Jock itch or tinea cruris refers to a fungal infection affecting the skin of the genitals, inner thighs and the buttocks causing scratchy, scarlet and ring-shaped rashes in warm, moist areas of the body. This fungal infection is common in people who sweat a lot such as athletes and the overweight. It is however, less serious as much as it makes people uncomfortable thus, keeping the groin area dry and clean aside from applying relevant antifungal drugs are enough to treat it.
Signs and symptoms
Jock itch commonly starts with a reddened region of the skin that spread from the fold in the groin in a shape similar to that of half a moon and onto the upper thigh. The edge of the rash might entail a line of diminutive, raised blisters. The rash may constantly itch or burn and the skin may start peeling or become crusty. A general practitioner may recommend prescription medication, if a person has a rash on the skin that fails to improve within two weeks.
Jock itch can be caused by a kind of fungus that spread from one person to another or from sharing of contaminated towels and clothing. Jock itch is regularly caused by the similar fungus that brings about athlete’s foot in individuals. It is ordinary of the disease to spread from a person's feet to his groin because the fungus can be passed through the hands or on a towel due to poor personal hygiene.
The organisms causing jock itch proliferate well in damp areas, warm and humid environments that promote heavy sweating; and close environments. These wash away fungus killing oils, making one's skin permeable and vulnerable to infection. One is susceptible to jock itch if he or she wears tight underwear or athletic supporters that do not get cleaned after use, is overweight, sweats heavily, has a weakened immune system, has other skin conditions such as atopic dermatitis or a chronic and inherited skin infection that is characterized by inflamed skin; or if the individual is a man.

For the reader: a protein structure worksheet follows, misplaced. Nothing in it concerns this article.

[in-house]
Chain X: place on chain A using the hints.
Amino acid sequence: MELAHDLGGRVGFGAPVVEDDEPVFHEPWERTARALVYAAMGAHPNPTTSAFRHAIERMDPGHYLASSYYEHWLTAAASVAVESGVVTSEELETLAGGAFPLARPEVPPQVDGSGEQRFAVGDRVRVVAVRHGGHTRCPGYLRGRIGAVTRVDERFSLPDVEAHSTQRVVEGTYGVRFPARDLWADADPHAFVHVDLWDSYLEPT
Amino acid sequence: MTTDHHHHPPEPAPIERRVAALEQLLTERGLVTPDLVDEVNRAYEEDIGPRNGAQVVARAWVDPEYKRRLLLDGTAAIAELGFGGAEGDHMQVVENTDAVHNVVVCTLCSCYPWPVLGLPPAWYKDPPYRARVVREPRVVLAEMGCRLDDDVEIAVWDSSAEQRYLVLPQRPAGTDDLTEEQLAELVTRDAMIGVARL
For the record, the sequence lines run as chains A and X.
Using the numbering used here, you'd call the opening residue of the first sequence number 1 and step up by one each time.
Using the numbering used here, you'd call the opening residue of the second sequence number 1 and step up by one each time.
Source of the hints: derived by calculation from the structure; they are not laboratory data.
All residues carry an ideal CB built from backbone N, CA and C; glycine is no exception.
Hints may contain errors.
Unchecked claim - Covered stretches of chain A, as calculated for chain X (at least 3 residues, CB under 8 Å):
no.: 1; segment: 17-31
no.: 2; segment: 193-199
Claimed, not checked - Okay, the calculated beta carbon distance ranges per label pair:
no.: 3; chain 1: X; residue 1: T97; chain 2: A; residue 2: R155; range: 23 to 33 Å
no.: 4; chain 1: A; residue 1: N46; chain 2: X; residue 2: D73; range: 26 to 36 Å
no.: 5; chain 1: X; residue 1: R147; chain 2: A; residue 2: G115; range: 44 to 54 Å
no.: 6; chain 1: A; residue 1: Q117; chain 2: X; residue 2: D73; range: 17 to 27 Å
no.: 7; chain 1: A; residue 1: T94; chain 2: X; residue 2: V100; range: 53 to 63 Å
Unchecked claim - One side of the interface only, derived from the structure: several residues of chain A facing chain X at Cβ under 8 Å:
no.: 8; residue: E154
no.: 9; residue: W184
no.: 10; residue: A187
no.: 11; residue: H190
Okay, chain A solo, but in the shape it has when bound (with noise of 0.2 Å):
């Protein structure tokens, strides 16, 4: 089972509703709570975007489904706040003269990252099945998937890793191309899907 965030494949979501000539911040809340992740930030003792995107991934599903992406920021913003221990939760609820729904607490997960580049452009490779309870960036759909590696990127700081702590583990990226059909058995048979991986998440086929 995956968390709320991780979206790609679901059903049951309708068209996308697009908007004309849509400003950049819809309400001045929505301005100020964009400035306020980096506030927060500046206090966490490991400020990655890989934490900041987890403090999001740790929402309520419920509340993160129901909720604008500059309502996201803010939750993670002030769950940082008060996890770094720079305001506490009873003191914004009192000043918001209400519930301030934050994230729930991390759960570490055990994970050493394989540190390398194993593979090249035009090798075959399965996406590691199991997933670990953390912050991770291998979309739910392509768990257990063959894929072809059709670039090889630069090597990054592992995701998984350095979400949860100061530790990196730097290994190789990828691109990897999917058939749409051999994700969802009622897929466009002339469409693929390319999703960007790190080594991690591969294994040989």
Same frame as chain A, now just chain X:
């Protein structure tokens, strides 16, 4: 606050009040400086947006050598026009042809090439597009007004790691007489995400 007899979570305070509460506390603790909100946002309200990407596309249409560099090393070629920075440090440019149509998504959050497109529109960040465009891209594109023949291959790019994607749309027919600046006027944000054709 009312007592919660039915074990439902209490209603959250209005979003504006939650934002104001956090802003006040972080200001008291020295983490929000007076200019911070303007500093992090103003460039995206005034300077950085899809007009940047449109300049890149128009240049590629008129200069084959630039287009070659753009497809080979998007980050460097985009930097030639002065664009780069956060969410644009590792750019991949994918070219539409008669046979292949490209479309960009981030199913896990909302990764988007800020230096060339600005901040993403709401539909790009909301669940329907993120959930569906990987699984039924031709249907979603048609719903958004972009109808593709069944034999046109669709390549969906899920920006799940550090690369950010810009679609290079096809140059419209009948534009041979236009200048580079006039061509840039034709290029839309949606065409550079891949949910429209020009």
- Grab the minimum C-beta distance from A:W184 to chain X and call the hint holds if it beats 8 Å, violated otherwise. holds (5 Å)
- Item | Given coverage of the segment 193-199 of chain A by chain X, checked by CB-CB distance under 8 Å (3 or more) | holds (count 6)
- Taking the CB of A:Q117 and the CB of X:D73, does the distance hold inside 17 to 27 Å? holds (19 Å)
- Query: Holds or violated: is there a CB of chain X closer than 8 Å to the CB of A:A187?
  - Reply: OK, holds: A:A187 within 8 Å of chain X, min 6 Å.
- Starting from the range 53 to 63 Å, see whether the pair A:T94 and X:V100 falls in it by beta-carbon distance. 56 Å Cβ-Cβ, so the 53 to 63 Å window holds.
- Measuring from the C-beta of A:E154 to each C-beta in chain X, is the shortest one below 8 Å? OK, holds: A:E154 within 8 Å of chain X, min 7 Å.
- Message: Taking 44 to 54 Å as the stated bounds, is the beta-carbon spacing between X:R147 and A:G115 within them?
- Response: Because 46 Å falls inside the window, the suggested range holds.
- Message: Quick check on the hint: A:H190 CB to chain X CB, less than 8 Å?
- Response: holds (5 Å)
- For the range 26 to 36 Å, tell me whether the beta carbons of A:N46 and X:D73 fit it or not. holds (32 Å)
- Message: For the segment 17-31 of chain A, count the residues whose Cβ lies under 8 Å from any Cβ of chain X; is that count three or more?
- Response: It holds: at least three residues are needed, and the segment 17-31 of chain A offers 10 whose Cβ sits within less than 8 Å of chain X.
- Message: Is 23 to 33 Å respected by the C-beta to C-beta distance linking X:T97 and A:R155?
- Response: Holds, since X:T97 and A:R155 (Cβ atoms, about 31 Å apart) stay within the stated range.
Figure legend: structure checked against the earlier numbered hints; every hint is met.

For a mild case of jock itch, the general practitioner might recommend the use of an over the counter antifungal cream, ointment, spray or powder. These treatments should clear the rash arising from jock itch but one ought to continue applying the drug twice a day for a period not less than ten days.
In case one has an athlete’s foot, it should be treated at the same time jock itch is being treated to reduce the risk of recurrence. If jock itch becomes severe or fails to respond to the medicine, the victim may require prescription strength gels and probably antifungal pills.
Affected individuals can reduce the risk of jock itch by taking certain preventive measures, such as staying clean and dry. One ought to keep his or her groin area by drying the genital area with clean towel immediately after shower or exercise. Apply powder around the groin area and inner thighs to prevent excess dampness. In addition, wear clean clothes, avoid thick clothing for long periods in warm and humid weather, and avoid sharing personal items to prevent transfer of the fungus.
Make sure you treat athlete's foot as soon as possible and bear in mind that the fungus can be transferred to other susceptible regions of the body. Change your underwear daily or as frequently as possible, especially if you sweat a lot. You should make sure that the clothes worn fit correctly, specifically the underwear, sports uniform and athletic supporters as tight-fitting clothes may rub and scratch the skin surface making it defenseless from jock itch.